Submitted to: Book Chapter
Publication Type: Book / chapter
Publication Acceptance Date: 5/25/2007
Publication Date: 11/1/2008
Citation: Oliver, M.J. 2008. Biochemical and Molecular Mechanisms of Desiccation Tolerance in Bryophytes. In: Goffinet, B., Shaw, J., editors. Bryophyte Biology. 2nd Edition. New York, NY: Cambridge University Press. p. 269-298. Interpretive Summary:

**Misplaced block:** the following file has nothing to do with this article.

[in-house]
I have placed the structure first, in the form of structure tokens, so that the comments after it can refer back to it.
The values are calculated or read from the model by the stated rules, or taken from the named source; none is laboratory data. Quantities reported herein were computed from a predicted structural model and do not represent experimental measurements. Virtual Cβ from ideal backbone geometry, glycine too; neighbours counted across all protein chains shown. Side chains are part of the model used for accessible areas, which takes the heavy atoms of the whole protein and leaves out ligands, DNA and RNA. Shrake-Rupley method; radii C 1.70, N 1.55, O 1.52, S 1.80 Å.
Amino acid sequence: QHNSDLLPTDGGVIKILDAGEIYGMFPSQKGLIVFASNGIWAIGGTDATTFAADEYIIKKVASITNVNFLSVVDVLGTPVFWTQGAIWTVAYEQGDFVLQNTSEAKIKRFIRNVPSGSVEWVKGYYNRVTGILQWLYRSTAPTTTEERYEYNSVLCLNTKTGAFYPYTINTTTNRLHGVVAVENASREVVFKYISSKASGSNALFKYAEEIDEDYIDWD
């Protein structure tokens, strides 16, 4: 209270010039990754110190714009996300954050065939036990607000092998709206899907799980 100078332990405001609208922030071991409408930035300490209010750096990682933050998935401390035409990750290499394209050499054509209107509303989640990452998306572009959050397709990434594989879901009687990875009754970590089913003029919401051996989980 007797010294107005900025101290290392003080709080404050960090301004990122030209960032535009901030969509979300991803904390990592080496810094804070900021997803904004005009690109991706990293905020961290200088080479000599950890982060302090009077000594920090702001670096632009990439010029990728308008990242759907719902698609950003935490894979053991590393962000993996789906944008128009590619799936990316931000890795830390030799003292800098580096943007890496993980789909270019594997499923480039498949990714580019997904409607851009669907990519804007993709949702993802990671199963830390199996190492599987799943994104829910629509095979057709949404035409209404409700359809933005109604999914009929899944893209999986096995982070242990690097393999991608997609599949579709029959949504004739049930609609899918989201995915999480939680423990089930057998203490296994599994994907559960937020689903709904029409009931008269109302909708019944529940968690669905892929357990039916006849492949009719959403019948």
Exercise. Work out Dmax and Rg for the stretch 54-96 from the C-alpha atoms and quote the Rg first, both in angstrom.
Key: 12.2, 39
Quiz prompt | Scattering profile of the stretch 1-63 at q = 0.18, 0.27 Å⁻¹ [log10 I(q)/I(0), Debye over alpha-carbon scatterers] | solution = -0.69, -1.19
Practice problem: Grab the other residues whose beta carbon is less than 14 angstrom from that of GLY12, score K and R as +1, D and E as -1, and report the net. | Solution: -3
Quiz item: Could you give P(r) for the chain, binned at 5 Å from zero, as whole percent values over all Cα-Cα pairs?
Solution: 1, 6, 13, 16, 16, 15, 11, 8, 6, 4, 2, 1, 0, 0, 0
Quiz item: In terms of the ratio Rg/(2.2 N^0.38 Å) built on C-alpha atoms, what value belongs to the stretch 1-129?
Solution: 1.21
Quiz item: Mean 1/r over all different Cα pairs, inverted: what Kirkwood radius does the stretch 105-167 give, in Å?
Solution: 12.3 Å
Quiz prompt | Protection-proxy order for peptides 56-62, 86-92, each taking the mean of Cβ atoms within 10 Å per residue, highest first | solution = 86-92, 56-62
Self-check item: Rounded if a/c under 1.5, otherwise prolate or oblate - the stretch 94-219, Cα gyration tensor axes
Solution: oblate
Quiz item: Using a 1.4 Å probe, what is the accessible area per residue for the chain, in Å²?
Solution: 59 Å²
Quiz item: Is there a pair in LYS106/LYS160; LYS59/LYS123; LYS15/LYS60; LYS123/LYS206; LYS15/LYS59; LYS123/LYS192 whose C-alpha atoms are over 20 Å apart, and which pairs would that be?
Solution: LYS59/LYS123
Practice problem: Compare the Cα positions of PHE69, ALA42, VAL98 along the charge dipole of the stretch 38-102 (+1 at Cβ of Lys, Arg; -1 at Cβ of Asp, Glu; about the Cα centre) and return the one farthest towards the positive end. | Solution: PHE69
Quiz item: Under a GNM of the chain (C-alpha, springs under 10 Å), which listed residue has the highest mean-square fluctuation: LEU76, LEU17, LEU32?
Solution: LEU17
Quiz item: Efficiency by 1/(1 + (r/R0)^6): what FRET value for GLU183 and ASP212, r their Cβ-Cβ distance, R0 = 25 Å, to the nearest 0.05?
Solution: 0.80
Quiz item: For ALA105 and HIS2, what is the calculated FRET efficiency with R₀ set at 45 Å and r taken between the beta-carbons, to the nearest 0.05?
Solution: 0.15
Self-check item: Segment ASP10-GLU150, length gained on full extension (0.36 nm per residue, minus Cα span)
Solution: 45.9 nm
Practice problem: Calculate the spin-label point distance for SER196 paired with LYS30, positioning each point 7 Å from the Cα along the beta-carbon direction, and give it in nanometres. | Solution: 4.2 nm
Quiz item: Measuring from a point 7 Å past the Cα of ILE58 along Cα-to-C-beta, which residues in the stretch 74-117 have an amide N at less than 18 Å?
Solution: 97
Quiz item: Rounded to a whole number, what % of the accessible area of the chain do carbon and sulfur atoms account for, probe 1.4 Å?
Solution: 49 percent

Technical Abstract: Bryophytes, because they descend from the earliest branching events in the phylogeny of land plants, hold an important position in our investigations into the mechanisms by which plants respond to dehydration and by what paths such mechanisms have evolved. This is true regardless of what aspect of plant responses to dehydration one is interested in; whether it be mild water deficit stress as seen in most plants including those of agronomic importance, or desiccation as seen in orthodox seeds or in the leaves of desiccation-tolerant (or resurrection) plants. It is quite possible that the mechanisms by which bryophytes tolerate dehydration closely reflect the way the first land plants coped with the rigors of a drying atmosphere as they began their colonization of the land. It is believed that primitive plants spent much of their time in the air-dried state, which generally means they would experience water deficits of -100MPa or more. To survive such water deficits (most modern day plants do not survive -3 to -5MPa) these plants had to evolve vegetative desiccation tolerance. Given that, as we believe, desiccation tolerance first evolved in spores as a means of surviving the rigors of dispersal, it is quite likely that the type of desiccation tolerance that these early land plants exhibited was co-opted for use in vegetative cells (Oliver et al. 2005). As plants evolved to fill the multitude of different types of habitats and environmental niches that dry land offered, the ways in which plants were able to tolerate dehydration also evolved from a simple protective mechanism to ones of greater complexity and efficiency. It is clear, however, that as plants became more complex and gained the capability to transport water and nutrients through specialized conduits or vascular tissues, they lost the ability to tolerate desiccation of their vegetative tissues (Oliver et al. 2000). Bryophytes, whose ancestors marked the transition to land and hence preceded the development of tracheophytes in the land plant phylogeny, present a unique opportunity to look at mechanisms of dehydration tolerance, in particular vegetative desiccation tolerance, that have directly evolved from the earliest stages of land plant evolution. This chapter describes and discusses what we know of the cellular, molecular and biochemical aspects of desiccation tolerance in bryophytes and how it relates to their biology.